There was something different about the Labour Party conference this year – something not seen perhaps for two decades – and it wasn’t just the enormous size of the gathering or the much-remarked on professionalism. It was rather that the party and its leader seemed to be, if not reconciled, at least prepared to unite in the common purpose of winning an election.
Blairite sniping from the sidelines was less than usual; some so-called “centrists” had stayed away, others held their peace. Efforts by the former chancellor, George Osborne, to stir things up by giving Tony Blair a pre-conference anti-Brexit forum in his London Evening Standard gained little traction.
Both delegates and the party leader offered little gestures of give and take. Whether this was because Corbynistas have now gained critical mass, or because Jeremy Corbyn’s opponents have failed to set up a breakaway party, is not clear. But arguments about de-selection and Europe never escalated into the showdowns anticipated.
Corbyn himself appeared both more relaxed and more confident in his speech, and even offered a small olive branch to Theresa May – holding out the possibility of Commons support on a Brexit deal under certain, admittedly unlikely, conditions. His speech in tone was at least more inclusive. His tribute to his wife, in Spanish, was a neat human and cosmopolitan touch – signalling not only that here was someone comfortable in his skin, but that – unlike the current and previous leaders of the Conservative Party – he has a genuinely international side.
Most of all, though, from Corbyn and his shadow chancellor, John McDonnell, there were policies that not only hung together for the most part as a coherent whole, but could have appeal beyond what some see as their old-fashioned, even dangerously Marxist, Labour constituency.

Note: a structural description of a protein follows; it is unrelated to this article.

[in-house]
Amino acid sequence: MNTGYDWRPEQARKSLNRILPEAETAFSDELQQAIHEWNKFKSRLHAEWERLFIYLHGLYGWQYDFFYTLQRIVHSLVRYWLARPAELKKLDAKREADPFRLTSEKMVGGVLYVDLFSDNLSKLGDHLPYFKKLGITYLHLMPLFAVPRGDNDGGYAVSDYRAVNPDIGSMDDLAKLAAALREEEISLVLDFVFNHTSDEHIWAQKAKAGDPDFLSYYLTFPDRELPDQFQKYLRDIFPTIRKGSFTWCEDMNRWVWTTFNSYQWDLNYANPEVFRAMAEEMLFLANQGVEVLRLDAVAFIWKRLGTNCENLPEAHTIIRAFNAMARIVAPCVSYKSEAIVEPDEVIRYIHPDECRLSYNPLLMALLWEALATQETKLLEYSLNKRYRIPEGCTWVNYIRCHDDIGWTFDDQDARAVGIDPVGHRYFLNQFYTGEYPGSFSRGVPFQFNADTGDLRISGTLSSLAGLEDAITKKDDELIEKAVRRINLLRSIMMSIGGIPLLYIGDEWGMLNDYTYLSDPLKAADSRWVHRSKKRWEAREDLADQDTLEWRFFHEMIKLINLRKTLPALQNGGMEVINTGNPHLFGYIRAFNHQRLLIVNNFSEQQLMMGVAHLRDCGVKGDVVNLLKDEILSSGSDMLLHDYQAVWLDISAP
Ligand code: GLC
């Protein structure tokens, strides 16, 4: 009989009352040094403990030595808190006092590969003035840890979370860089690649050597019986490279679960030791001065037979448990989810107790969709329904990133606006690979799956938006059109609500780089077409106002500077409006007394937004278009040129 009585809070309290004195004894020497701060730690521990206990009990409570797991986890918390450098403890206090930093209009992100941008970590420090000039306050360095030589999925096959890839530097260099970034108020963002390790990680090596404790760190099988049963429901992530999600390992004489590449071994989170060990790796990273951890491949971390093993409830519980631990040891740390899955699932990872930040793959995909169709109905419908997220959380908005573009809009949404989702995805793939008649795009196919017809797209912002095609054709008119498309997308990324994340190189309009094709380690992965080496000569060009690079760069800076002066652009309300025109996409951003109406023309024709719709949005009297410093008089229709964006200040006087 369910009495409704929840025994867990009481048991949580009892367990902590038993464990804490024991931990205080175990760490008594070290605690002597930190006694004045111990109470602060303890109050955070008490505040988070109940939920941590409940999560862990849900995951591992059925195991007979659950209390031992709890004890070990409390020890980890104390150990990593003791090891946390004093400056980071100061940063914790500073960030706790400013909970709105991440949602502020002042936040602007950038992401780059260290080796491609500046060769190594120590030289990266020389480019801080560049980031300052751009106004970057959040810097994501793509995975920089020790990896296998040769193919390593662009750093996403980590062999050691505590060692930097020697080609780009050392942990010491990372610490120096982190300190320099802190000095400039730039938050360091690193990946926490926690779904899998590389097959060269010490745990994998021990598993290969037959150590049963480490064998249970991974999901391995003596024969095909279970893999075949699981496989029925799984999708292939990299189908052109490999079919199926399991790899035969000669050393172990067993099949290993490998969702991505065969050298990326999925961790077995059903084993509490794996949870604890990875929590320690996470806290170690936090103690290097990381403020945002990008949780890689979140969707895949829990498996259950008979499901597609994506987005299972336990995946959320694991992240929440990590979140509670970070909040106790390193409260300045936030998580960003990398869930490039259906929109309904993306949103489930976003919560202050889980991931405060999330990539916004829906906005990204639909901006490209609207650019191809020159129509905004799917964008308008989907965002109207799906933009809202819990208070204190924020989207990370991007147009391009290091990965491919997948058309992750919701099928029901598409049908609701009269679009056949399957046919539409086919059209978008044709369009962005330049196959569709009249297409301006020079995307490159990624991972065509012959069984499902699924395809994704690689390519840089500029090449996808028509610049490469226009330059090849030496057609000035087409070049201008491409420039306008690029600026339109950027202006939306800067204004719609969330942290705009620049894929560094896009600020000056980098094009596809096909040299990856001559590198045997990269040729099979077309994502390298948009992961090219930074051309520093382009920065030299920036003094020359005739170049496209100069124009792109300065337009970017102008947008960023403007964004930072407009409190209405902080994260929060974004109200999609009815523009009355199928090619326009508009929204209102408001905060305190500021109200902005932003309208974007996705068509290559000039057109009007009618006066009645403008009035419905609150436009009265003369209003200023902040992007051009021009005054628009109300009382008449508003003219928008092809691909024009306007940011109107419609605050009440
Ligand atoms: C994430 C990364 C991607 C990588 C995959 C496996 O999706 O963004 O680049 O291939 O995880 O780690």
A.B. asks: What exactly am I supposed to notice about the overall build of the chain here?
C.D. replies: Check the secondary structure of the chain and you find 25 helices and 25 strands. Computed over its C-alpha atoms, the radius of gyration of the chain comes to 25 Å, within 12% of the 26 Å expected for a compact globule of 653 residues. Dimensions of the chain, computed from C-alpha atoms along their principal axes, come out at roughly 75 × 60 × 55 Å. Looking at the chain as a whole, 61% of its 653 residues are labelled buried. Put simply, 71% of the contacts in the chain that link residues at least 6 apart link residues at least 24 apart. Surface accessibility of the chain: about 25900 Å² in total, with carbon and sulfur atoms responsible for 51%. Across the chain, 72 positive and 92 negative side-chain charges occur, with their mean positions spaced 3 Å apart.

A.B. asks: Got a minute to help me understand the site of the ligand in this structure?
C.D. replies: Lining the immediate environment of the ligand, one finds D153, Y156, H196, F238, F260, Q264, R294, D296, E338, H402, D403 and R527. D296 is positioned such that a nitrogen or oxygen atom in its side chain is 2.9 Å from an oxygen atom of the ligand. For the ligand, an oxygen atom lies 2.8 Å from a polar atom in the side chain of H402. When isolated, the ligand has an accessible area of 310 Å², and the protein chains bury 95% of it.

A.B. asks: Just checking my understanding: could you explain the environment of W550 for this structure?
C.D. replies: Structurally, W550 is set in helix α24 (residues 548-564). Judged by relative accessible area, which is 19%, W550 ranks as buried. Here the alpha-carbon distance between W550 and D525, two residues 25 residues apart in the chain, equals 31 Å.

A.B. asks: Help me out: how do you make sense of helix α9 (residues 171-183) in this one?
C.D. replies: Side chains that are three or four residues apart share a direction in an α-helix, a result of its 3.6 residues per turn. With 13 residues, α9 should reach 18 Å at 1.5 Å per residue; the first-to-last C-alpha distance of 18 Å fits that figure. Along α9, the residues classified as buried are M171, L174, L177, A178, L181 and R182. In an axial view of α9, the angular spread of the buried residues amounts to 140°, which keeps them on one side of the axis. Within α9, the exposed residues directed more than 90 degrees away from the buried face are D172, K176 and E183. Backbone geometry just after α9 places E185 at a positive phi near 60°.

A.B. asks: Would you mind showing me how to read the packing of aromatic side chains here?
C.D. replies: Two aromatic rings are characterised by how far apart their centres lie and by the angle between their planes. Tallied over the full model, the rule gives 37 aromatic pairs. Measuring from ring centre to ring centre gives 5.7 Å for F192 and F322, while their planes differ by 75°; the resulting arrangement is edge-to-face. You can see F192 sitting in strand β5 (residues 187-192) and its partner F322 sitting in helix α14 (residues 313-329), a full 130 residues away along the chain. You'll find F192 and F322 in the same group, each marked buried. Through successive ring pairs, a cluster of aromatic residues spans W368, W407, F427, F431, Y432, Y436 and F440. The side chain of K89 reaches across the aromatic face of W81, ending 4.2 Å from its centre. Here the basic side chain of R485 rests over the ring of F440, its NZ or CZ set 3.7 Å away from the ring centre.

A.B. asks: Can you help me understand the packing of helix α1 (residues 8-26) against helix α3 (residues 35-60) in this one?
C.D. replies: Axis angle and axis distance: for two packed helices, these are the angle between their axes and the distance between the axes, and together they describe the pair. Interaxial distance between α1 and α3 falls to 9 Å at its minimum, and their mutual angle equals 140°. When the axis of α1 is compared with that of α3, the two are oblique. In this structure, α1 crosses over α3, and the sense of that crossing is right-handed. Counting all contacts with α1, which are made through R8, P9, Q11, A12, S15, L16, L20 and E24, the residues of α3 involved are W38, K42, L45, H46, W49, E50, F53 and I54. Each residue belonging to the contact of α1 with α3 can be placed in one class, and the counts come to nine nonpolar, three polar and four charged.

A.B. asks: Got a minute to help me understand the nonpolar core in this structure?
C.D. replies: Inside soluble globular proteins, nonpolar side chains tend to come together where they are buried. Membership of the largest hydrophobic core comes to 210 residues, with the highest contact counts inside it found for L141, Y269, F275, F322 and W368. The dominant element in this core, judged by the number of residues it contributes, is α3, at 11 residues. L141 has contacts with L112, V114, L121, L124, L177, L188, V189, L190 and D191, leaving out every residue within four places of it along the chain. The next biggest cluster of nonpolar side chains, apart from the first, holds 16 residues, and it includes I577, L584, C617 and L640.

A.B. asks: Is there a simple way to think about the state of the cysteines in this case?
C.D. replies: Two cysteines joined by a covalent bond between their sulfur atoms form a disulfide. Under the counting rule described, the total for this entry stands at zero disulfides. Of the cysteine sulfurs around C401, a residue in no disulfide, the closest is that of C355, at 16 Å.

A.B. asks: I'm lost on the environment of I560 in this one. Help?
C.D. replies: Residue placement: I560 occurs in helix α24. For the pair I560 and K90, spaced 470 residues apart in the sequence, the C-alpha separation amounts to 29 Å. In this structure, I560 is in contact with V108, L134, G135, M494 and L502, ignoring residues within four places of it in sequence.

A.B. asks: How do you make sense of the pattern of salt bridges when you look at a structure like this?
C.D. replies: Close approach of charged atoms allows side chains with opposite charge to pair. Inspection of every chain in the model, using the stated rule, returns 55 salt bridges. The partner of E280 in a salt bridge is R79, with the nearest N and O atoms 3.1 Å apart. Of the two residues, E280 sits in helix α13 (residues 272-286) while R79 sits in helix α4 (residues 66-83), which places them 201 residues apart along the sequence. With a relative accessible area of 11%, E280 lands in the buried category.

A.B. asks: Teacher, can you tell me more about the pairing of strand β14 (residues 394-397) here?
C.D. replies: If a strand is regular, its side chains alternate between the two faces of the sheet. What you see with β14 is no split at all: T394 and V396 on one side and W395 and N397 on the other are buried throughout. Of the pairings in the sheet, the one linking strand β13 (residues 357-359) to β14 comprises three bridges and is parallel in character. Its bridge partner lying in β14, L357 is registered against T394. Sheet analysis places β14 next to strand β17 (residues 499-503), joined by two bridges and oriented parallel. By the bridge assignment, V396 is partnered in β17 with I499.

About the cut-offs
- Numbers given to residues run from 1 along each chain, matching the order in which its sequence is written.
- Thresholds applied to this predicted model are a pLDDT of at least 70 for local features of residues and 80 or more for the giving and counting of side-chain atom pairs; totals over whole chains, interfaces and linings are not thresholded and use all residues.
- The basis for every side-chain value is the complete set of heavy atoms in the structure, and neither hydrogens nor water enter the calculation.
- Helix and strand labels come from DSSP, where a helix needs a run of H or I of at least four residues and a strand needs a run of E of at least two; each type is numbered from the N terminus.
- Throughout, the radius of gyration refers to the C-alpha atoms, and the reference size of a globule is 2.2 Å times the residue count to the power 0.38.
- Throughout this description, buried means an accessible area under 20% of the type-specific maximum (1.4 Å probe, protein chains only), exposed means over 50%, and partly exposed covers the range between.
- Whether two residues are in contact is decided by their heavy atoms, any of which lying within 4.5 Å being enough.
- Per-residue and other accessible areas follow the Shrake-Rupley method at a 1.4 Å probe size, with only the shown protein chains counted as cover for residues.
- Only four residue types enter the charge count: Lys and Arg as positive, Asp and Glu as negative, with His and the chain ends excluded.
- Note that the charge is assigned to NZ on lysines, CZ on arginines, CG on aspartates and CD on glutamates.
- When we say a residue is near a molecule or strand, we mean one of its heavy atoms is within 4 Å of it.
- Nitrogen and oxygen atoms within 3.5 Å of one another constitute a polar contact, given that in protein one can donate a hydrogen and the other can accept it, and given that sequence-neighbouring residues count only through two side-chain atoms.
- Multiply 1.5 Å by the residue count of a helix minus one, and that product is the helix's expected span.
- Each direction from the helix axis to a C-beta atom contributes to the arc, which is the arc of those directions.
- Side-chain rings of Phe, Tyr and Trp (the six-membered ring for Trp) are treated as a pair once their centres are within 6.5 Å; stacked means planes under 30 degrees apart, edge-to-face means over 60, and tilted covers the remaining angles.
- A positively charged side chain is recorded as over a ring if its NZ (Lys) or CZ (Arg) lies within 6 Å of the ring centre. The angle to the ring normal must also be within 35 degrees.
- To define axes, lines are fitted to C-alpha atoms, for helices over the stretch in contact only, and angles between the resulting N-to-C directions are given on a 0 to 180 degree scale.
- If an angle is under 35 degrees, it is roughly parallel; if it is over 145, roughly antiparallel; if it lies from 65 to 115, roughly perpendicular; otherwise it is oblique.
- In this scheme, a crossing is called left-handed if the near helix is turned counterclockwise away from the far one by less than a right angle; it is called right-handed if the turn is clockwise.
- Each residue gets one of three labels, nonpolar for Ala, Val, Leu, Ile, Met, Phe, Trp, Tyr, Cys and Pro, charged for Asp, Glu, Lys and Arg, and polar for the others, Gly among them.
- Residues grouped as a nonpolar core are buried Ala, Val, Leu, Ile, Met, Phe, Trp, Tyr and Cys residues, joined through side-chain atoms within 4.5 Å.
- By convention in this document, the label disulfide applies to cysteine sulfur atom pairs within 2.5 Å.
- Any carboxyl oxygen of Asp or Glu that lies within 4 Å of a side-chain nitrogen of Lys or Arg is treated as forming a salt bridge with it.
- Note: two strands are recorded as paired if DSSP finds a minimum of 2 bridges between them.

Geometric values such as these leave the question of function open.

This time last year, some of what Corbyn and McDonnell were offering could be contemplated by grateful Conservatives as effectively disqualifying a Corbyn Labour Party from power. That may no longer be so, partly because Corbyn seems to have made efforts to court other constituencies, but partly, too, because the country at large – including sections of the elite – may be more open to ideas like re-nationalisation and selective tax rises, than they used to be.
A bellwether for such change was a recent article in the Financial Times by Lord O’Neill (formerly of Goldman Sachs and for 16 months commercial secretary to the Treasury in the Conservative government), in which he suggested that some of Labour’s current ideas, including re-nationalisation and the need for a fresh look at taxation to take account of the new economy, deserved to be taken seriously. At least – he also said – Labour was producing some much-needed new ideas, at a time when the government was completely taken up with Brexit.
One reason why these ideas may be gaining acceptance in such quarters, however, is the long shadow that is still cast by the 2008 financial crisis. It might even be said that the material and psychological overhang of that crisis – especially for the UK where the financial sector is so central to the economy – is actually of more significance than the bank bailouts and austerity that were its immediate effects.
I would say that it is now widely accepted that the financial sector was too powerful, that the people who had made the mistakes never got their comeuppance, that the rich were largely protected, and that ordinary people had to take the flak – whether in the squeeze on public services or zero interest rates for savers. This sense of injustice will not go away soon, and Corbyn caught that mood earlier than most.